The Vabamu Museum of Occupations and Freedom in Tallinn holds some memories and pictures of Estonians who were deported to Siberia by the Soviet Union. Estonian World brings you some of those preserved images of life in Siberia.*
In the summer of 1940, the Soviet Union occupied Estonia, Latvia and Lithuania as a result of the infamous Molotov-Ribbentrop Pact, signed between Nazi Germany and the Soviet Union on 23 August 1939. In the aftermath of World War II, Estonia lost approximately 17.5% of its population.
The Soviet occupation brought about an event that until then had only been read about in history books and which became the most horrible memory of the past centuries – mass deportations that affected people of all nationalities living in Estonia. The two deportations that affected Estonia the most deeply, on 14 June 1941 and 25 March 1949, are annually observed as days of mourning.
The first deportation raid was begun on the night of 13 June and early morning of 14 June in 1941. Families who had gone to bed on Friday night with no inkling of anything bad about to happen, were woken up in the early morning hours by pounding on their doors. A decree declaring them to be under arrest or subject to deportation from their homeland without any due process was read aloud to them. All their property was declared to be subject to seizure. They were given an hour to pack.
A few hours after the start of the deportation the first trucks began to arrive at railroad cars waiting on sidings. Altogether 490 cattle cars had been set aside for that purpose. The search for people subjected to arrest or deportation continued until the morning of 16 June. Those carrying out the deportations behaved with extraordinary cruelty: even pregnant women and seriously ill elderly people were packed into overcrowded stock cars.
According to the order, issued on 13 June from Moscow, over 10,000 people were deported from Estonia during 14-17 June 1941. Over 7,000 women, children and elderly people were among the deported. The extent of the genocide is indicated by the fact that more than 25% of all the people deported in June 1941 were minors (under 16 years of age). The deportations also severely affected Estonia’s Jewish population – more than 400 Estonian Jews, approximately 10% of their population, were among the deportees.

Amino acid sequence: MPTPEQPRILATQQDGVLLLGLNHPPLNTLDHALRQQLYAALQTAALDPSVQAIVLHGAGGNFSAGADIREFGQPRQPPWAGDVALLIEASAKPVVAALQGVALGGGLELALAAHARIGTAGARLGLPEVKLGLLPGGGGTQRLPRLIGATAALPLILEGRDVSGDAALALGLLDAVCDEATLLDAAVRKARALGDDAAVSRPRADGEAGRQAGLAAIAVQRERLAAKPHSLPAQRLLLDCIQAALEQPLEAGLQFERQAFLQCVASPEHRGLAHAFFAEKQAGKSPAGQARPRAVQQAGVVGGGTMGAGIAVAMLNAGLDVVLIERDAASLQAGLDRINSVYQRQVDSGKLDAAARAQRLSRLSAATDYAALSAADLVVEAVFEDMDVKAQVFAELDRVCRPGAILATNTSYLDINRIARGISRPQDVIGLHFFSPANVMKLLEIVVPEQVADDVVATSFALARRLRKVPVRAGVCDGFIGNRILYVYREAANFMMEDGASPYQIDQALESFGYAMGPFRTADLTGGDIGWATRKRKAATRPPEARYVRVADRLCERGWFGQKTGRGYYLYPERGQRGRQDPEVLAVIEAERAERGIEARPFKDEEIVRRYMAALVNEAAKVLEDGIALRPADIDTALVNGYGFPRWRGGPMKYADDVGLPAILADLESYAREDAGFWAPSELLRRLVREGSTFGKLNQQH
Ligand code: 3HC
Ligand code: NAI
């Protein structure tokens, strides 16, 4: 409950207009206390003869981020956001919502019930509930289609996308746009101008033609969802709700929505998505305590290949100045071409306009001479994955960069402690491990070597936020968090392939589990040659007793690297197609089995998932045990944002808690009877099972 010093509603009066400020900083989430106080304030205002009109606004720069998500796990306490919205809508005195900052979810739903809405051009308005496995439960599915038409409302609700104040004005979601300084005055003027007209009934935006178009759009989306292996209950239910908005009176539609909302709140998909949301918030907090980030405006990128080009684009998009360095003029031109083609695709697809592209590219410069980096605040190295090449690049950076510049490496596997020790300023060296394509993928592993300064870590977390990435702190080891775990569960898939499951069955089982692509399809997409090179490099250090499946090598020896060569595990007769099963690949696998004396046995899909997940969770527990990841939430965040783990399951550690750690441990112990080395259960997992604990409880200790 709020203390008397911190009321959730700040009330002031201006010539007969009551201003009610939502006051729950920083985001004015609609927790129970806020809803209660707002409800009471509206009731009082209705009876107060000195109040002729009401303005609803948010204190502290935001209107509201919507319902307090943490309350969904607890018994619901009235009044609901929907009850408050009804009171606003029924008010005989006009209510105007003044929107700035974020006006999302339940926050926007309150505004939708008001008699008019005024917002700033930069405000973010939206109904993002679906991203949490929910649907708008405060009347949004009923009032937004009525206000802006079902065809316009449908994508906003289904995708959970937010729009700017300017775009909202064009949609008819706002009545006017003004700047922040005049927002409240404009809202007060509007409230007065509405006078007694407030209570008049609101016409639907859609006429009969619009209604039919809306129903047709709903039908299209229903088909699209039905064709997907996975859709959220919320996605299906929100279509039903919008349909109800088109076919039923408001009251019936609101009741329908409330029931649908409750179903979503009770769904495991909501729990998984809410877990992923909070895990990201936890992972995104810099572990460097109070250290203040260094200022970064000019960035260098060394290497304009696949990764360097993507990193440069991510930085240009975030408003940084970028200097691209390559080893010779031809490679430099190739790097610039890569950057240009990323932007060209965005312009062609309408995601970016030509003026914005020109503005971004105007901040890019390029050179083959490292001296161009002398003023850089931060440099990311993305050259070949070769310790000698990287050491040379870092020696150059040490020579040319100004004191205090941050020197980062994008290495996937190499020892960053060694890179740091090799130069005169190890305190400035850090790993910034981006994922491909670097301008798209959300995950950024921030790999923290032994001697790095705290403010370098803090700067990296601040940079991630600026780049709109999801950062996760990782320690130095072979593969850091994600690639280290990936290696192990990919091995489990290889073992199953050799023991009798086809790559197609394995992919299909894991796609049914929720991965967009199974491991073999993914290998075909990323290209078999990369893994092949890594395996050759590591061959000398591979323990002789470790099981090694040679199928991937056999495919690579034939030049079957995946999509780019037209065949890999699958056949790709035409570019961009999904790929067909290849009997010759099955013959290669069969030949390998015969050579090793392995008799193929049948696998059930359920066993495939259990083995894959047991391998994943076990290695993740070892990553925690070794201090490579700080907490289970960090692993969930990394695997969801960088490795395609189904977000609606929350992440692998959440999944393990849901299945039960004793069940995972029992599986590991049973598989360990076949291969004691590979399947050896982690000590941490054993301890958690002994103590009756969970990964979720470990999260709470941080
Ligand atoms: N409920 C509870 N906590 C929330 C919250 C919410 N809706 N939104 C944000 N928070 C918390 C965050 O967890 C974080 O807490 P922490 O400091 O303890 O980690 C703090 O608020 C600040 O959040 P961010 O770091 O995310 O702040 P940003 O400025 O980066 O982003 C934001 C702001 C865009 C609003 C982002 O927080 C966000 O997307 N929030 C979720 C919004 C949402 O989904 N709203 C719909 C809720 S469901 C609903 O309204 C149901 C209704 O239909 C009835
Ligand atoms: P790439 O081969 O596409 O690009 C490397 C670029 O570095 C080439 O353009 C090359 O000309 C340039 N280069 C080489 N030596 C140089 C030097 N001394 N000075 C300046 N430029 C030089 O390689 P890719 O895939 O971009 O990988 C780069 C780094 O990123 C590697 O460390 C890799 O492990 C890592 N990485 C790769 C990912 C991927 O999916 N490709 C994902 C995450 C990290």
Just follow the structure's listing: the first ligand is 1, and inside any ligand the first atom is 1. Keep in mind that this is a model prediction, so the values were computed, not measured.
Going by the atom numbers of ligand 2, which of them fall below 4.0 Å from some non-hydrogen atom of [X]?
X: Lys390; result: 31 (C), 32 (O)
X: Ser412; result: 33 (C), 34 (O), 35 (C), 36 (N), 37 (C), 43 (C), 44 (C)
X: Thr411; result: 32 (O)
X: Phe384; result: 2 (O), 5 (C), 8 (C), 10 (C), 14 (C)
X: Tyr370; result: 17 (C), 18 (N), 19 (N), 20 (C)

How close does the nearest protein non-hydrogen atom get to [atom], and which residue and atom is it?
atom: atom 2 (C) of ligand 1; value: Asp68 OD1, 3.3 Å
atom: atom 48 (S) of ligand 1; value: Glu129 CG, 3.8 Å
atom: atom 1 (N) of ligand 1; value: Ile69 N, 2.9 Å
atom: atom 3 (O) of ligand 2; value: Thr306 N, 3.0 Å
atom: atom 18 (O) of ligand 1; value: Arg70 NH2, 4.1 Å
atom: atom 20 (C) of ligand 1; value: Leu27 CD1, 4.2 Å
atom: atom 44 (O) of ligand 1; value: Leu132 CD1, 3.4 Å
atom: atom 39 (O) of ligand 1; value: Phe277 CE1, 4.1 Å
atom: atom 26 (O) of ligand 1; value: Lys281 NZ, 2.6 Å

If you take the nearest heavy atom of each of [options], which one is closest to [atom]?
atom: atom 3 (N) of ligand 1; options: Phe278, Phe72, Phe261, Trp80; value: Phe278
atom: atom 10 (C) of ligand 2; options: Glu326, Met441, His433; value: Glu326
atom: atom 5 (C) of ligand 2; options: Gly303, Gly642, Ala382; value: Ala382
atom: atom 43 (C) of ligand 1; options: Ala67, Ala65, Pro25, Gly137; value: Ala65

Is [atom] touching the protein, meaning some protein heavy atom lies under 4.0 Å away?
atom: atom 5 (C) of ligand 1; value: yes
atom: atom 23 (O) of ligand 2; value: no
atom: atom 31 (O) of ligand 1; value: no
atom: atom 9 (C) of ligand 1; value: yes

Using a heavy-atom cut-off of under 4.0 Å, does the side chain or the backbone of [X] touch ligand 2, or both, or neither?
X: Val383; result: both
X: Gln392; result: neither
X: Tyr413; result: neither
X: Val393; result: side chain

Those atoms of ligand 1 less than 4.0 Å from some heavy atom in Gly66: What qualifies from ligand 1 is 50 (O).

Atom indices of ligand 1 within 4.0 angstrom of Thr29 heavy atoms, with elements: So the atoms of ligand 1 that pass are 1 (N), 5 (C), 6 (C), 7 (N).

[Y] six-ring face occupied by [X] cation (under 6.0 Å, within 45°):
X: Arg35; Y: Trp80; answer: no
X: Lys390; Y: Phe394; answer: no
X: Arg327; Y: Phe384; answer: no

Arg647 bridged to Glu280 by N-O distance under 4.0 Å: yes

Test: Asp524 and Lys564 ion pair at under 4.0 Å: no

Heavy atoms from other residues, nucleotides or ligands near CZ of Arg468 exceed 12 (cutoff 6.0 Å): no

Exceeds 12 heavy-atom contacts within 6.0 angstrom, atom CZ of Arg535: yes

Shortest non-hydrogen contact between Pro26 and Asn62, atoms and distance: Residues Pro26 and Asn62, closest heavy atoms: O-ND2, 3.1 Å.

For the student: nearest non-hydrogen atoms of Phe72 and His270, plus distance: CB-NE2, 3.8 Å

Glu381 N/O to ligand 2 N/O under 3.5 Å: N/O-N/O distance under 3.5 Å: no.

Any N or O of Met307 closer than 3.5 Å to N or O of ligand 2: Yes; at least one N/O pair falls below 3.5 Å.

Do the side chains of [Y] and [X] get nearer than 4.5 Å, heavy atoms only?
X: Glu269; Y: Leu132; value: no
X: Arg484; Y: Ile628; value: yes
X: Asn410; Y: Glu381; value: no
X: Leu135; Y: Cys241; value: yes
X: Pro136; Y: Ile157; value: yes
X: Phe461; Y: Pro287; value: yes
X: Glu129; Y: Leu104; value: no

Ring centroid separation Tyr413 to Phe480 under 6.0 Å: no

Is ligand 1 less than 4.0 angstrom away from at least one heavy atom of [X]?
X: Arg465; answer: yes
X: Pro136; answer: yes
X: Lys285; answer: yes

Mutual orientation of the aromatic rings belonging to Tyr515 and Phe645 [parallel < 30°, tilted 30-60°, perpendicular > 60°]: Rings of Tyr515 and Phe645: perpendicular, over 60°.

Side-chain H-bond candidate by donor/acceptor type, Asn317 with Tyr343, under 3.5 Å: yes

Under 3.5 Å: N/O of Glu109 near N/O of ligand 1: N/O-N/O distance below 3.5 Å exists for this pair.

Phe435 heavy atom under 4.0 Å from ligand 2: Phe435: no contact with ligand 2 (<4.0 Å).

As the first trains loaded with deportees arrived at their destinations, the next wave of deportation was being prepared in Estonia by Soviet authorities. But the implementation was hampered by Germany’s assault on the Soviet Union. Due to the rapid advancement of the front, a second deportation was carried out only on the island of Saaremaa.
At the end of 1941, investigative commissions started to operate in the Soviet prison camps, carrying out on-site interrogations and passing court decisions, under which hundreds of the detainees were shot to death. By the spring of 1942, of the more than 3,000 men dispatched to prison camps, only a couple of hundred were still alive.
The fate of women and children sent to the remote regions of Kirov and Novosibirsk oblasts was also onerous. Because of cold, starvation and hard work, a great many of the deportees died. Altogether 4,331 people or less than a half of the 1941 deportees ever returned to their homeland. In the course of the deportation of 1941, within one week about 95,000 people from Estonia, Latvia, Lithuania, Poland and Moldova were deported to Russia.
Another massive deportation followed a few years later, on 25 March 1949, when over 20,000 people – nearly 3% of the 1945 Estonian population – were seized in a few days and dispatched to remote areas of Siberia.
The Vabamu Museum of Occupations and Freedom in Tallinn holds some memories and pictures of deported Estonians. Courtesy of the museum, Estonian World brings you some of those preserved images of life in Siberia (click to enlarge).
Cover: An Estonian woman with her grandchild in Siberia. Pictures courtesy of Vabamu Museum of Occupations and Freedom. Read also: Estonia remembers the Soviet deportations and Hope and freedom: remembering Estonia’s occupations. * This article was originally published on 14 June 2016 and lightly edited on 14 June 2021.